Reading ice on a river as tracer for flow fields

Ice on Elbe river in Hamburg. By Mirjam S. Glessmer

For most of my readers it might be pretty obvious what the movement of floating ice says about the flow field “below”, but most “normal” people would probably not even notice that there is something to see. So I want to present a couple of pictures and observations today to help you talk to the people around you and maybe get them interested in observing the world around them more closely (or at least the water-covered parts of the world around them ;-)).

For example, we see exactly where the pillars of the bridge I was standing on are located in the river, just by looking at the ice:

What exactly is happening at those pillars can be seen even more clearly when looking at a different one below. You see the ice piling up on the upstream side of the pillar, and the wake in the lee. Some smaller ice floes get caught in the return flow just behind the pillar. Now imagine the same thing for a larger pillar – that’s exactly what we saw above!

And then we can also see that we are dealing with a tidal river. Looking at the direction of the current only helps half of the time only, and only if we know something about the geography to know which way the river is supposed to be going.

But look at the picture below: There we see sheets of ice propped up the rails where the rails meet the ice, and more sheets of ice all over the shore line. As the water level drops due to tides, newly formed ice falls dry and that’s all the sheets of ice you see on land.

The bigger ice floes in the picture have likely come in from the main arm of the Elbe river.

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Small port on a tiny bay on the Elbe river in Hamburg. Look at the sheets of ice on shore!

It is actually pretty cool to watch the recirculation that goes on in all those small bays (movie below picture). Wouldn’t you assume that they are pretty sheltered from the general flow?

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Flow separation

On the way to the pool I cross over the Elbe river on this pretty bridge.


Which is pretty spectacular, just because the structure itself is so amazing.

IMG_0901 IMG_0906 IMG_0923But what is even more spectacular is how every time I am there I see new things in the flow field. And the example I want to show to you today is the flow field around one of the pylons of the bridge that runs in parallel to the one I am on.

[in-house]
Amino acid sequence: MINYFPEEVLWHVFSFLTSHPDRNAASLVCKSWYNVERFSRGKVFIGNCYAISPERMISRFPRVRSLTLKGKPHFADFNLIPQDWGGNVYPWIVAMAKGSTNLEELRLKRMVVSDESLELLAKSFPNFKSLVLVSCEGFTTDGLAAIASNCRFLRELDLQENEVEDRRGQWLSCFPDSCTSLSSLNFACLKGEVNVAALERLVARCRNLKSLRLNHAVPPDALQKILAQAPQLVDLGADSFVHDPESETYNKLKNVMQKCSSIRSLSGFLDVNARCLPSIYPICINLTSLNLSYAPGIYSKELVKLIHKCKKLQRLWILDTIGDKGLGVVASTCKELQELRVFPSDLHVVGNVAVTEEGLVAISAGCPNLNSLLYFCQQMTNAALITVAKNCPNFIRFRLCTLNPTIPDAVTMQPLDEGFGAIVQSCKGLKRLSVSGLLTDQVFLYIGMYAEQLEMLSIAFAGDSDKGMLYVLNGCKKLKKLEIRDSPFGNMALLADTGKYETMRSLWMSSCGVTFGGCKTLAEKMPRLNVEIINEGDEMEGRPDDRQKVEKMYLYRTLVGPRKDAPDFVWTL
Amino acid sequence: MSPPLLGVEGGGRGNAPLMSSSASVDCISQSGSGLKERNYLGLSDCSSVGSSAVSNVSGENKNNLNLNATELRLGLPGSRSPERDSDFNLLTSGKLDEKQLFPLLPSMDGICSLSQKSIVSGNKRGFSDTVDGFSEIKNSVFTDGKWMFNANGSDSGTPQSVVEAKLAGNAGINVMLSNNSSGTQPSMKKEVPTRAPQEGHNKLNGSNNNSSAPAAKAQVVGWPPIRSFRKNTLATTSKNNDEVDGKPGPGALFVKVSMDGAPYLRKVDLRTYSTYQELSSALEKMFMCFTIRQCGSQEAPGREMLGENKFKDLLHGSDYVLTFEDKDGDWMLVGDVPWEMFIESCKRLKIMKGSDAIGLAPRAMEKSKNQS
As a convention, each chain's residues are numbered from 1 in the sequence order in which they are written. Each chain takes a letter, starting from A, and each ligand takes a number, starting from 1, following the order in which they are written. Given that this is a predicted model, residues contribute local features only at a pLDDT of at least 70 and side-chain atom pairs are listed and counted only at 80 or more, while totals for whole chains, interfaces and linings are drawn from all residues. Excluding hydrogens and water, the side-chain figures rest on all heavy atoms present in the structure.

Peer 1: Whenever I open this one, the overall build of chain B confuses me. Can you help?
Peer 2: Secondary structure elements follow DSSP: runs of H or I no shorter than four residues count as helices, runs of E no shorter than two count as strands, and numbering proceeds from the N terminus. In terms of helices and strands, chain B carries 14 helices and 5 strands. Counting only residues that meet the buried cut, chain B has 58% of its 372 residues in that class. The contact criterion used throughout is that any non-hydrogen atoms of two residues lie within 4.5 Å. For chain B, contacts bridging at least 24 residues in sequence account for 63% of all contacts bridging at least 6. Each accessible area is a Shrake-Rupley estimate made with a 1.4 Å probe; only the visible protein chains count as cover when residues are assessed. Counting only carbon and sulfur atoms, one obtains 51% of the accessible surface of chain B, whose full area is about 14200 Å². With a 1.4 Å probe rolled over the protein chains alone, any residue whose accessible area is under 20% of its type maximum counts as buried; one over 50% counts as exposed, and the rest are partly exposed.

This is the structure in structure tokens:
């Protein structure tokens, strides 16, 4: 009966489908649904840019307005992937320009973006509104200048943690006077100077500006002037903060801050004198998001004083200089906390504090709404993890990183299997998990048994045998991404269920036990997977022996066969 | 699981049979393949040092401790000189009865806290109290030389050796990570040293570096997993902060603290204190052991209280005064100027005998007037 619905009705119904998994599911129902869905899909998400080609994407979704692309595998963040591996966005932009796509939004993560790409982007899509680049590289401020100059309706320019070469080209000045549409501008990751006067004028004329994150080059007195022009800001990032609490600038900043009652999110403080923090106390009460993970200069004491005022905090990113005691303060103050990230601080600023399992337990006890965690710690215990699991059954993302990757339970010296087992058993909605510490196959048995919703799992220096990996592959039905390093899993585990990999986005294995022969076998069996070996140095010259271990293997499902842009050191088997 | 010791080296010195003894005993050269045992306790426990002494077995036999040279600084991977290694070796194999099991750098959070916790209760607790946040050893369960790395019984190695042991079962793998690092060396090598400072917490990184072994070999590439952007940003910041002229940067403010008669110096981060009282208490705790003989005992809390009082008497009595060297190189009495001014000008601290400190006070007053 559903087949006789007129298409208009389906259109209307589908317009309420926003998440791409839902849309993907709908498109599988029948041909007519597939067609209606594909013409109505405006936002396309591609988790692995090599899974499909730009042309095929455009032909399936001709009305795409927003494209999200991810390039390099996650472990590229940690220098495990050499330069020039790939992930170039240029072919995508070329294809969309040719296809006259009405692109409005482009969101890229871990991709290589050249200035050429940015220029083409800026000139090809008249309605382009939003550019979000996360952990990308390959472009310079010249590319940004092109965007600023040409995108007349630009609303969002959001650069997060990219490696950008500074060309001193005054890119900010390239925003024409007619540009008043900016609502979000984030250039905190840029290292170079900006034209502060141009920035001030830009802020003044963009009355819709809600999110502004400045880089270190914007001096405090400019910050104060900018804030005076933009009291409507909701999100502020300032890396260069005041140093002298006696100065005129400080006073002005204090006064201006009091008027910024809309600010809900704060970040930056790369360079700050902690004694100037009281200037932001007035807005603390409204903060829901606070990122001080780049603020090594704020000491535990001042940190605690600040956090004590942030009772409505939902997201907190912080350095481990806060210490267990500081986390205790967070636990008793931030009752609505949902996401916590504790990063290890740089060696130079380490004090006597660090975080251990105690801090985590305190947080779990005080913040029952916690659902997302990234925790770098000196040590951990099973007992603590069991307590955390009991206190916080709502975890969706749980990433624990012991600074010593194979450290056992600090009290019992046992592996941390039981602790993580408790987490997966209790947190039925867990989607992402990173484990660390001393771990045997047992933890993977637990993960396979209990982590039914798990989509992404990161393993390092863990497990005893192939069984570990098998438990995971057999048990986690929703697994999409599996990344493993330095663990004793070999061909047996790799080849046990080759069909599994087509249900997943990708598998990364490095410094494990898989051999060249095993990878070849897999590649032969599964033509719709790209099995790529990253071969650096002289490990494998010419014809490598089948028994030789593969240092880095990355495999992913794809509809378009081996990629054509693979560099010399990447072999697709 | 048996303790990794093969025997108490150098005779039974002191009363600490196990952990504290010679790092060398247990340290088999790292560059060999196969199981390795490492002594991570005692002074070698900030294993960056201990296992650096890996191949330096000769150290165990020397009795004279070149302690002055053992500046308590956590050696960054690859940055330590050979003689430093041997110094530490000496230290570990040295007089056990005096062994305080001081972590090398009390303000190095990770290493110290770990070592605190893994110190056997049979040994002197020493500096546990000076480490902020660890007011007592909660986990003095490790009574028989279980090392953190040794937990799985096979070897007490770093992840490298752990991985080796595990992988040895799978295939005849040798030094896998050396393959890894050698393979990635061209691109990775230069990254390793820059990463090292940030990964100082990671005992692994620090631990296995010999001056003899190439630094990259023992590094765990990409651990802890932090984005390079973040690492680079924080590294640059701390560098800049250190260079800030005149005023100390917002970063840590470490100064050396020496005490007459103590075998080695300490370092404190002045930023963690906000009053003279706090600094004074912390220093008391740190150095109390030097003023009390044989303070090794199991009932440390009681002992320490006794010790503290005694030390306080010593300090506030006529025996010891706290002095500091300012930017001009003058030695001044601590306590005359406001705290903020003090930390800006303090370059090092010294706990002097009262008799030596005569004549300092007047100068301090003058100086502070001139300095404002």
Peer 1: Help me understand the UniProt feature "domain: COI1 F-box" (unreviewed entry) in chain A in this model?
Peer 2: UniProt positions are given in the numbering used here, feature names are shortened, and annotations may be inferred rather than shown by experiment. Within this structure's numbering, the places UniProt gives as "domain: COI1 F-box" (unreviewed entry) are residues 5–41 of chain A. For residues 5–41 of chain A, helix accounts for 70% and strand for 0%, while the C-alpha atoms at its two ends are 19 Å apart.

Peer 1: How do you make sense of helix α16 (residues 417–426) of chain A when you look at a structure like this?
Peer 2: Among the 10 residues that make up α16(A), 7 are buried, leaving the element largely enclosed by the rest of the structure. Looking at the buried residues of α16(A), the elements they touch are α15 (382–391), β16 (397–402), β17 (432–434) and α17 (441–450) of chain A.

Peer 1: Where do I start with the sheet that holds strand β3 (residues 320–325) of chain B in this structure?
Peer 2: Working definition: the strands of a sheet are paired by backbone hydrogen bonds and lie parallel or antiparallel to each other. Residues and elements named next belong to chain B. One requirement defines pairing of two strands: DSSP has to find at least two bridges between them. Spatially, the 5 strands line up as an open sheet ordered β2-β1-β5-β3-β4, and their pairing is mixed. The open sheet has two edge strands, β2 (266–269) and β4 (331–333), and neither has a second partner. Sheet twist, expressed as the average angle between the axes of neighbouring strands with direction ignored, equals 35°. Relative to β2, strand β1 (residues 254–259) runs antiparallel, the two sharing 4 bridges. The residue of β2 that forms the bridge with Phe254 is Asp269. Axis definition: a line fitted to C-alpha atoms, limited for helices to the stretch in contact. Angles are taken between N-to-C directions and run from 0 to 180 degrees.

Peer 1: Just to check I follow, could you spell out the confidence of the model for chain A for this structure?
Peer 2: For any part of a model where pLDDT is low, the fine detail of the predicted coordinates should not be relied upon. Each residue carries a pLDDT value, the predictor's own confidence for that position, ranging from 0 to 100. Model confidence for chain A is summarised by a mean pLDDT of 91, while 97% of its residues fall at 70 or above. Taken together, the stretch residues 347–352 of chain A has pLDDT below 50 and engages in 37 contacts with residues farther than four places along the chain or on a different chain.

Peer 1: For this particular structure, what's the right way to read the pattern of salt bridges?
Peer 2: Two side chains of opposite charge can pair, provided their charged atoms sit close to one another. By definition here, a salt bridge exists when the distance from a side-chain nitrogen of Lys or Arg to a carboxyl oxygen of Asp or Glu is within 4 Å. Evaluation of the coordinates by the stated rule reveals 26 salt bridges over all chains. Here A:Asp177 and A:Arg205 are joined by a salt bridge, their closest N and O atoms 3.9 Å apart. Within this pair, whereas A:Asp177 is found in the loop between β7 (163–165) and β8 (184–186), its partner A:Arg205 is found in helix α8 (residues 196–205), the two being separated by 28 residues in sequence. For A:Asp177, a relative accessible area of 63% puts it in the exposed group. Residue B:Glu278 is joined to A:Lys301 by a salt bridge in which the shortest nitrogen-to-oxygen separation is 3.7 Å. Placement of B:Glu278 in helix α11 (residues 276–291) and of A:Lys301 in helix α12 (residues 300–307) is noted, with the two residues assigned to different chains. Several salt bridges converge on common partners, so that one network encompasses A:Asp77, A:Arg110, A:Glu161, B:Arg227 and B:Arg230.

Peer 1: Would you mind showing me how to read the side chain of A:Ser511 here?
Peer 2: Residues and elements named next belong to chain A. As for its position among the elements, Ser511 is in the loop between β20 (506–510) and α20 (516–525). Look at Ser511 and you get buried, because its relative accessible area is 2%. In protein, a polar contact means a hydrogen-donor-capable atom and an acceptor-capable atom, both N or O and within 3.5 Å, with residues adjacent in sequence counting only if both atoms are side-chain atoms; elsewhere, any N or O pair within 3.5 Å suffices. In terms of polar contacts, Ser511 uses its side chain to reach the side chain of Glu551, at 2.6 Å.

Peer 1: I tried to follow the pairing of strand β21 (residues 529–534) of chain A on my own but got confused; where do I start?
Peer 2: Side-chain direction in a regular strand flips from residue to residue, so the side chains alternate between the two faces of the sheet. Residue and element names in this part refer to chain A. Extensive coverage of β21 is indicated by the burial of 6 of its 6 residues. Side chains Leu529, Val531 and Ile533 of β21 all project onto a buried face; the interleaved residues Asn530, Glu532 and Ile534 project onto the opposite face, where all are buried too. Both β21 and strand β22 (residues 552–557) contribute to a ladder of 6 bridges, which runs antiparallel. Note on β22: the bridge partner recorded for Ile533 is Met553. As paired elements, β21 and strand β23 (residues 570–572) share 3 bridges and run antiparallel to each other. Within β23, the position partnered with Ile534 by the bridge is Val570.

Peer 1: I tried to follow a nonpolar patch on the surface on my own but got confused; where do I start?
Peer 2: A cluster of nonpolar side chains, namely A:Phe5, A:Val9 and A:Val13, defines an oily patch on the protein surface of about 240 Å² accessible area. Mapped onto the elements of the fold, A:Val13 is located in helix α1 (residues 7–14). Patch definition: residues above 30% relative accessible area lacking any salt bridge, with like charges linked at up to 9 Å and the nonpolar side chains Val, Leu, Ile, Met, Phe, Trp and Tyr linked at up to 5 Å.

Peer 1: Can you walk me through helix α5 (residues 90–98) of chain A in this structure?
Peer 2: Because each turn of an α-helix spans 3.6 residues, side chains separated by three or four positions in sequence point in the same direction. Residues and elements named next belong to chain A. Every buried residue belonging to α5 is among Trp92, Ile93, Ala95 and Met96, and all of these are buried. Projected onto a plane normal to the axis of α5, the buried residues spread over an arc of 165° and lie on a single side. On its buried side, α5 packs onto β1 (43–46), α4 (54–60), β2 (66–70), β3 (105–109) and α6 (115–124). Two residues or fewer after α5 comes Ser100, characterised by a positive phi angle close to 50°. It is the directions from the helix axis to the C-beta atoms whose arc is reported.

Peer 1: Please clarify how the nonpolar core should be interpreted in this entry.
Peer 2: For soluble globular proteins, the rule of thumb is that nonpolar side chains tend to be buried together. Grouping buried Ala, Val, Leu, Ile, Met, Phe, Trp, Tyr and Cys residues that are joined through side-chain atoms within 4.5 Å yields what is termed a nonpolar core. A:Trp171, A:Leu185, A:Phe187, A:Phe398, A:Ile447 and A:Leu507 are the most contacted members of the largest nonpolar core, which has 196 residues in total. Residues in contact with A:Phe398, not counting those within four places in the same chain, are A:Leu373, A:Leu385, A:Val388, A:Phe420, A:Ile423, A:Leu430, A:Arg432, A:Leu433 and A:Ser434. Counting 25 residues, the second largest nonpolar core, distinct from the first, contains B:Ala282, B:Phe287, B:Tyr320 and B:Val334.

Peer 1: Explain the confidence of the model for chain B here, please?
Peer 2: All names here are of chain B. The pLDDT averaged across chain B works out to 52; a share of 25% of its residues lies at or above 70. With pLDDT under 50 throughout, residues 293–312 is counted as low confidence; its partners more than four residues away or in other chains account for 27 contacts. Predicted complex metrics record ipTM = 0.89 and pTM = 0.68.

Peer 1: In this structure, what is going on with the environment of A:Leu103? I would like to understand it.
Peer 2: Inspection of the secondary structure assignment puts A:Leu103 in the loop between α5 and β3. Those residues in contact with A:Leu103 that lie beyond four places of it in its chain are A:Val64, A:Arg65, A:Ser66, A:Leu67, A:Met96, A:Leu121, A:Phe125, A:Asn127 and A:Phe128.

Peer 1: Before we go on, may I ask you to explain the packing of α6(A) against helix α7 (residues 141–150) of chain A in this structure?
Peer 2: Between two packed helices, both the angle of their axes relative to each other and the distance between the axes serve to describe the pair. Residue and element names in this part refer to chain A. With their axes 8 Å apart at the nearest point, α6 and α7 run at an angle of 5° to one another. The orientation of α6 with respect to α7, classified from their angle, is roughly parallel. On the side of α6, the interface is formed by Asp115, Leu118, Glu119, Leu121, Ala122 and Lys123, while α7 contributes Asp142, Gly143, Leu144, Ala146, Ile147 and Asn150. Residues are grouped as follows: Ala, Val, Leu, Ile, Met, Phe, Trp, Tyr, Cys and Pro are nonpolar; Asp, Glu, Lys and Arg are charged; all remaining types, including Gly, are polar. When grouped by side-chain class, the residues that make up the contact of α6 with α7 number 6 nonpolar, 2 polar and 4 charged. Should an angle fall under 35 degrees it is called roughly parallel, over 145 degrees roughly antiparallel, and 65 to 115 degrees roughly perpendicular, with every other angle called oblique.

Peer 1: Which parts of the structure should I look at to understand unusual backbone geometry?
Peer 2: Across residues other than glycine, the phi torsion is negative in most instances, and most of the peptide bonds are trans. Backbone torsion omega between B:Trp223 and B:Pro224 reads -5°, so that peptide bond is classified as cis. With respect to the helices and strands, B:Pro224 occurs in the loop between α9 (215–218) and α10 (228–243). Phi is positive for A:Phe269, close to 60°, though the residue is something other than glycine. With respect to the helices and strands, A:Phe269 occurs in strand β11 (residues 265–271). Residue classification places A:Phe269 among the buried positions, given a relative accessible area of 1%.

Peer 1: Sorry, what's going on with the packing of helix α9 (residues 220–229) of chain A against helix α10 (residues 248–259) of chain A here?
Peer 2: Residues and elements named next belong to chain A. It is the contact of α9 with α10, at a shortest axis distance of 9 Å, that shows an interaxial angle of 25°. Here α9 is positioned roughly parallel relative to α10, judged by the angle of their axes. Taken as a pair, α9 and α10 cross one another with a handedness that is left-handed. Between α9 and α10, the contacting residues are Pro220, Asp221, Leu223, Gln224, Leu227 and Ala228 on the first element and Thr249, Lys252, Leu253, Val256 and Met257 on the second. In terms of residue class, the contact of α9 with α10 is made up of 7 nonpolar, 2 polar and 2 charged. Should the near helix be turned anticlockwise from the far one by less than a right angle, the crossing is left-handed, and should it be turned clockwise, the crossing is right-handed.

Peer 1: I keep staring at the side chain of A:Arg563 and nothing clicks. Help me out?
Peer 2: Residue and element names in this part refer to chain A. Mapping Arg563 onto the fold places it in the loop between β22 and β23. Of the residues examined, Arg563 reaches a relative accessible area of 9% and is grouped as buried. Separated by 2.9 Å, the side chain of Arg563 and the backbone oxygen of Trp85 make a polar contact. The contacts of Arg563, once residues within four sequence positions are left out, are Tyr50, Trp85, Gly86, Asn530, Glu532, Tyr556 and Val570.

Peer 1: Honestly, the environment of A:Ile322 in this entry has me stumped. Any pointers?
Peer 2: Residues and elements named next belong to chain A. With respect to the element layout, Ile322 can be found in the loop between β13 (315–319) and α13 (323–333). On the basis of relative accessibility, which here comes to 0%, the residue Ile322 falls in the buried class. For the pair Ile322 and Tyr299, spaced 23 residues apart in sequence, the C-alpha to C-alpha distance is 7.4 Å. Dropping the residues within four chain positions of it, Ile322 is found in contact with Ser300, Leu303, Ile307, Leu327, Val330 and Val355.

In the movie below you see a classical flow separation, similar to what might happen at an airplane’s wing. The water flowing towards you under the bridge arrives (pretty much) laminar, but then on contact with the pylon turbulence develops, eddies form and the flow separates from the boundary of the obstacle. Nice! :-)


Tidal elevations and currents in Fowey, Cornwall

Tides in Cornwall.

The other day we talked about a very simplistic models of tides in a glass, and how the high tide and low tide travel as a wave around an ocean basin. This isn’t really a news flash for people reading this blog, I know. But it is sometimes hard to imagine how big the differences between high tide and low tide actually are, since the water rises and falls so slowly it is hardly noticeable.

Fowey harbor in Cornwall at high tide

On my most recent holiday (even though “most recent” means “some time during summer”, which is actually quite a while ago), A and I stayed in Fowey and had the best time. Anyway, we happened to stroll along the pier, and I happened to snap this picture.

Some more strolling happened (and we might or might not have had Cornish Cream Tea), and six or so hours later we were back in the same spot, to see this:

Fowey harbor in Cornwall at low tide

The water was gone! And I still find it absolutely fascinating.

Especially since at first glance the tides don’t seem to result in alternating currents. Which is really not possible.

Fowey harbor – incoming tide

But it took more than just a second look to realize that the tide in the picture above is coming in, whereas the one below is going out (Pictures taken from pretty much the same spot).

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Fowey harbor – tide is going out

You can only see that if you look at the moored sailing ships far across the water. The colorful boats always face out towards the sea – because they are moored between two moorings and are not turning freely around a single mooring as I had assumed they would. Duh! But for the yachts in the background it is clear they are only moored in one spot: They face right on the upper, and left on the lower picture. Yep, those are the kind of things that fascinate me while I’m on vacation! :-)